Slips and falls are the second leading cause of workers' compensation claims, at about 16%. Workers' compensation will likely cover your medical bills and lost wages, but a lawsuit may be necessary to recover noneconomic damages like pain and suffering.
Hospitals And Nursing Homes
Seniors are the highest risk group for slip and fall accidents. Every year, 1 in 3 American seniors will experience a serious fall. Hip fractures are common in these incidents. Falls account for 40% of all nursing home admissions. Hospitals and nursing homes need to be meticulously maintained for safety standards in order to protect these seniors. However, human error is unavoidable and occasionally negligence will lead to a serious fall inside a hospital or nursing home.
Gyms And Spas
Gyms and spas must be regularly maintained to safety standards. Without regular attention, surfaces can quickly become wet and slick - creating a serious slipping hazard. A gym floor with torn carpeting or cluttered with equipment creates a tripping hazard.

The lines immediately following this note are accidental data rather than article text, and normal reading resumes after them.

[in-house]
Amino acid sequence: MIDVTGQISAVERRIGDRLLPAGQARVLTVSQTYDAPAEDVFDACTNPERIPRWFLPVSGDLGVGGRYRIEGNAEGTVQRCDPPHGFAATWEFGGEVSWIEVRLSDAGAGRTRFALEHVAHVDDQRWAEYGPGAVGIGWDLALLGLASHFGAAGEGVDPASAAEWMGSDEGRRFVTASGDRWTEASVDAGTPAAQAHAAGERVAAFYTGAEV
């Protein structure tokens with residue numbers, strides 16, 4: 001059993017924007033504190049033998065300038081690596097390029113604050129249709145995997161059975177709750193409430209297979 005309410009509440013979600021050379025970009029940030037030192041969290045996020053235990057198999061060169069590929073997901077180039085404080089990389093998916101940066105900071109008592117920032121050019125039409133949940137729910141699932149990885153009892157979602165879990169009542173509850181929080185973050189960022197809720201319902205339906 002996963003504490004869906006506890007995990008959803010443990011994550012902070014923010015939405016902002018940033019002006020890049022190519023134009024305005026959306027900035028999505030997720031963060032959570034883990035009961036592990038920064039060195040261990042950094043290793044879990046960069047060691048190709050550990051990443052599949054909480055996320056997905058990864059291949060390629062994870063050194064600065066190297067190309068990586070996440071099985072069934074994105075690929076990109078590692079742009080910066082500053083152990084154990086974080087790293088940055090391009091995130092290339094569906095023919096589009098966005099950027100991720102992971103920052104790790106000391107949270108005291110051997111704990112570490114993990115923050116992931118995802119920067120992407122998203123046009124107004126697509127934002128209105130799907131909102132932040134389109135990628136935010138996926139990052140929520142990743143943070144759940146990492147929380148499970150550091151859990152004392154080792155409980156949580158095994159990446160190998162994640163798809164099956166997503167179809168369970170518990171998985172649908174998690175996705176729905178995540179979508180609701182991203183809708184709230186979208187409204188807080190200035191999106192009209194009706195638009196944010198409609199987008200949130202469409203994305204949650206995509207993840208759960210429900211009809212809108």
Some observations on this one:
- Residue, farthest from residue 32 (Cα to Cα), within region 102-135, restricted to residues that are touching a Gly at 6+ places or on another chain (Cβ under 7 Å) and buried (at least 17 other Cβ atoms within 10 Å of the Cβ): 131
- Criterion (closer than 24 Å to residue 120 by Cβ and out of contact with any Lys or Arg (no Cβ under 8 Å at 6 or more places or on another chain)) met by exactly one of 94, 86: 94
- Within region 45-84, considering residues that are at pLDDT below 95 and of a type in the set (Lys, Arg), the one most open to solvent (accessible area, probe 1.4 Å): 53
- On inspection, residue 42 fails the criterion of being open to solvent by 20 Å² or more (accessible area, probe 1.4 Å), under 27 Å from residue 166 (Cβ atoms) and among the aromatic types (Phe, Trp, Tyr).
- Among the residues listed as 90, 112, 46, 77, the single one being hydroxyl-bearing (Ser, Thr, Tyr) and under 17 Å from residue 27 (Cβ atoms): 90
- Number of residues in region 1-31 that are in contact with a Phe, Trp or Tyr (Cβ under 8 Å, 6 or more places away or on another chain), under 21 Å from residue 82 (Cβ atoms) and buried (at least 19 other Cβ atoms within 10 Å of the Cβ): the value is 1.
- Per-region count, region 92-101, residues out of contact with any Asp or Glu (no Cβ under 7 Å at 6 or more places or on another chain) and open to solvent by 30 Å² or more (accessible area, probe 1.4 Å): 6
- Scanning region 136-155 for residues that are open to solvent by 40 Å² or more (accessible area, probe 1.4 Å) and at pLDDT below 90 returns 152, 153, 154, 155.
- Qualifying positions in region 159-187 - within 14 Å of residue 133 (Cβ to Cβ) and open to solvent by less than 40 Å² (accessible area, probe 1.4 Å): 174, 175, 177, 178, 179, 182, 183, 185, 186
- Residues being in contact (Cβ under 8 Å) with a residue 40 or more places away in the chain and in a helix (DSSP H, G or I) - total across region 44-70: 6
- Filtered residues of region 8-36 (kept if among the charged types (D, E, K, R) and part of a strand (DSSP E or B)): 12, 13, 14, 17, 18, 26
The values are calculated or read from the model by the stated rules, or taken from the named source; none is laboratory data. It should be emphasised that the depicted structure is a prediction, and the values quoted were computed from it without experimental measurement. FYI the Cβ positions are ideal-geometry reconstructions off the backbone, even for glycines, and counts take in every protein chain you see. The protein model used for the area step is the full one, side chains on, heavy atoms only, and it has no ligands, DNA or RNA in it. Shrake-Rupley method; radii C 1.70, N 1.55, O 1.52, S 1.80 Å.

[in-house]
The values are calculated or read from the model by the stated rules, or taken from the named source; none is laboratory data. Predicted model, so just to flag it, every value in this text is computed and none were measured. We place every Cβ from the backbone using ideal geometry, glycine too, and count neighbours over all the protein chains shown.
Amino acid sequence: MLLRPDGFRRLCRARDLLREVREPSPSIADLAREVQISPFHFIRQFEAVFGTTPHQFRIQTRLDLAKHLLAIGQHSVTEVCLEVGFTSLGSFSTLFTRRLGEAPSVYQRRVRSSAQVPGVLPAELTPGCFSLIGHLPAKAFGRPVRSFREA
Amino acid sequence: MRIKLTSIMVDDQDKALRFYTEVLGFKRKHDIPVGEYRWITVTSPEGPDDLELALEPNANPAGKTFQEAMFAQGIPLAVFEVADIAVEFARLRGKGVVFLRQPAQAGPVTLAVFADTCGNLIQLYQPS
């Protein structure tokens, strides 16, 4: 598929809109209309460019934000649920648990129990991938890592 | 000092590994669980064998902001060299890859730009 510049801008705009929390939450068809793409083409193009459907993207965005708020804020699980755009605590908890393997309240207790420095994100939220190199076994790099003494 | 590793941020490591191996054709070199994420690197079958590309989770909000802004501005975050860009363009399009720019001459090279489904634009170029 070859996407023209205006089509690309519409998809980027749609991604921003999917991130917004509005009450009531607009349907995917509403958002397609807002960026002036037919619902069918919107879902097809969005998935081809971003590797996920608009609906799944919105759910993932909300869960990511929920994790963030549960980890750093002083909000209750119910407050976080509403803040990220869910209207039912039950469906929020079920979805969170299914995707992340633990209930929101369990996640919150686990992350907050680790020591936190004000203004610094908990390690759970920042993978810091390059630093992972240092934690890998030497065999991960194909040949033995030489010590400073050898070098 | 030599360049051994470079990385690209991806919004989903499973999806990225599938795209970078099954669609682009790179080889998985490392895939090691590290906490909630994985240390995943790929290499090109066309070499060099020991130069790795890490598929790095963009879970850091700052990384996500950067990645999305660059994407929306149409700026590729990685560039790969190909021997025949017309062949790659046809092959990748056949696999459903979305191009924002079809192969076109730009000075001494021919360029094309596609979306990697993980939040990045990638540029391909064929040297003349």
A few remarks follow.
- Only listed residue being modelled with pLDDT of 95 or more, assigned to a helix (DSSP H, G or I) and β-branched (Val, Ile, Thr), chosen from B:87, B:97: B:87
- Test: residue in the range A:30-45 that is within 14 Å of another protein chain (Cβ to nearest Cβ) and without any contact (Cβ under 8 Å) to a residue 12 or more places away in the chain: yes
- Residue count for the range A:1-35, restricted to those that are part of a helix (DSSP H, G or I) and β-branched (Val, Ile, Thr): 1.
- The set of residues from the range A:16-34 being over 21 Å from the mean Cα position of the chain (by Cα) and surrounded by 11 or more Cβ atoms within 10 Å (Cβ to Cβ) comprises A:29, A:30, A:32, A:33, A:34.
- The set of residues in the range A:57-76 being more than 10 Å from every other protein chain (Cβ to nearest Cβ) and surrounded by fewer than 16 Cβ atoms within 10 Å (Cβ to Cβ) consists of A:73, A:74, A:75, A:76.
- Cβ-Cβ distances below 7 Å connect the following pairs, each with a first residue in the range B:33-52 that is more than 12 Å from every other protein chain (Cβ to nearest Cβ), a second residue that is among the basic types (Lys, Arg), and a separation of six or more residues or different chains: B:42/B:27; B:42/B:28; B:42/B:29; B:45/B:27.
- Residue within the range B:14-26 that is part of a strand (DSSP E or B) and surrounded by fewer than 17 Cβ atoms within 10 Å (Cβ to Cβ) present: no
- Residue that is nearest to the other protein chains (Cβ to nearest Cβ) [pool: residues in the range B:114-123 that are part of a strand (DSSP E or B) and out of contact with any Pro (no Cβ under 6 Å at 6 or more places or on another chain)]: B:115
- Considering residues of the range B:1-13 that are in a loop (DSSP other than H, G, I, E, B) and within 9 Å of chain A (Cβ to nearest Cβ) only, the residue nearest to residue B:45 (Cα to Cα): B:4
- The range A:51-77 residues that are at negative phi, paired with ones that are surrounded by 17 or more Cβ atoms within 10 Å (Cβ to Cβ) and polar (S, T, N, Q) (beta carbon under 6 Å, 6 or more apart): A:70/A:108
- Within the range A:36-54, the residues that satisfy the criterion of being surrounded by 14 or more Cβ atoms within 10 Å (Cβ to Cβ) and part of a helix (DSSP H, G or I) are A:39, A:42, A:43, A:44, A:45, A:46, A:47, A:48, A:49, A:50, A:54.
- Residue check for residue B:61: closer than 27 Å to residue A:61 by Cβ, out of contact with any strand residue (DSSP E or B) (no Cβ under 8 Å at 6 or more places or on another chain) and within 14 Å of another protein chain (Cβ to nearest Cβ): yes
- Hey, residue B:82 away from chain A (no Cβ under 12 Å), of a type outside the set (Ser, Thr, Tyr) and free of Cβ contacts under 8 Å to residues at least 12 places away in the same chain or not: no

Who Is Responsible?
Determining liability in slip and fall cases can be a bit complicated. Depending on locations, ownership, and other factors, there are a few different parties which could be held responsible:
Private Property Owners
If you’ve been injured after tripping over a broken sidewalk in front of a house or apartment building, the private property owner will usually be found liable. In situations where someone is renting the property, the rules may vary. If a lease specifies that the landlord is to fix issues like sidewalk cracks, then the landlord will be held liable. Conversely, the tenant may be held liable if the lease says that they are responsible for such repairs.
Commercial Property Owners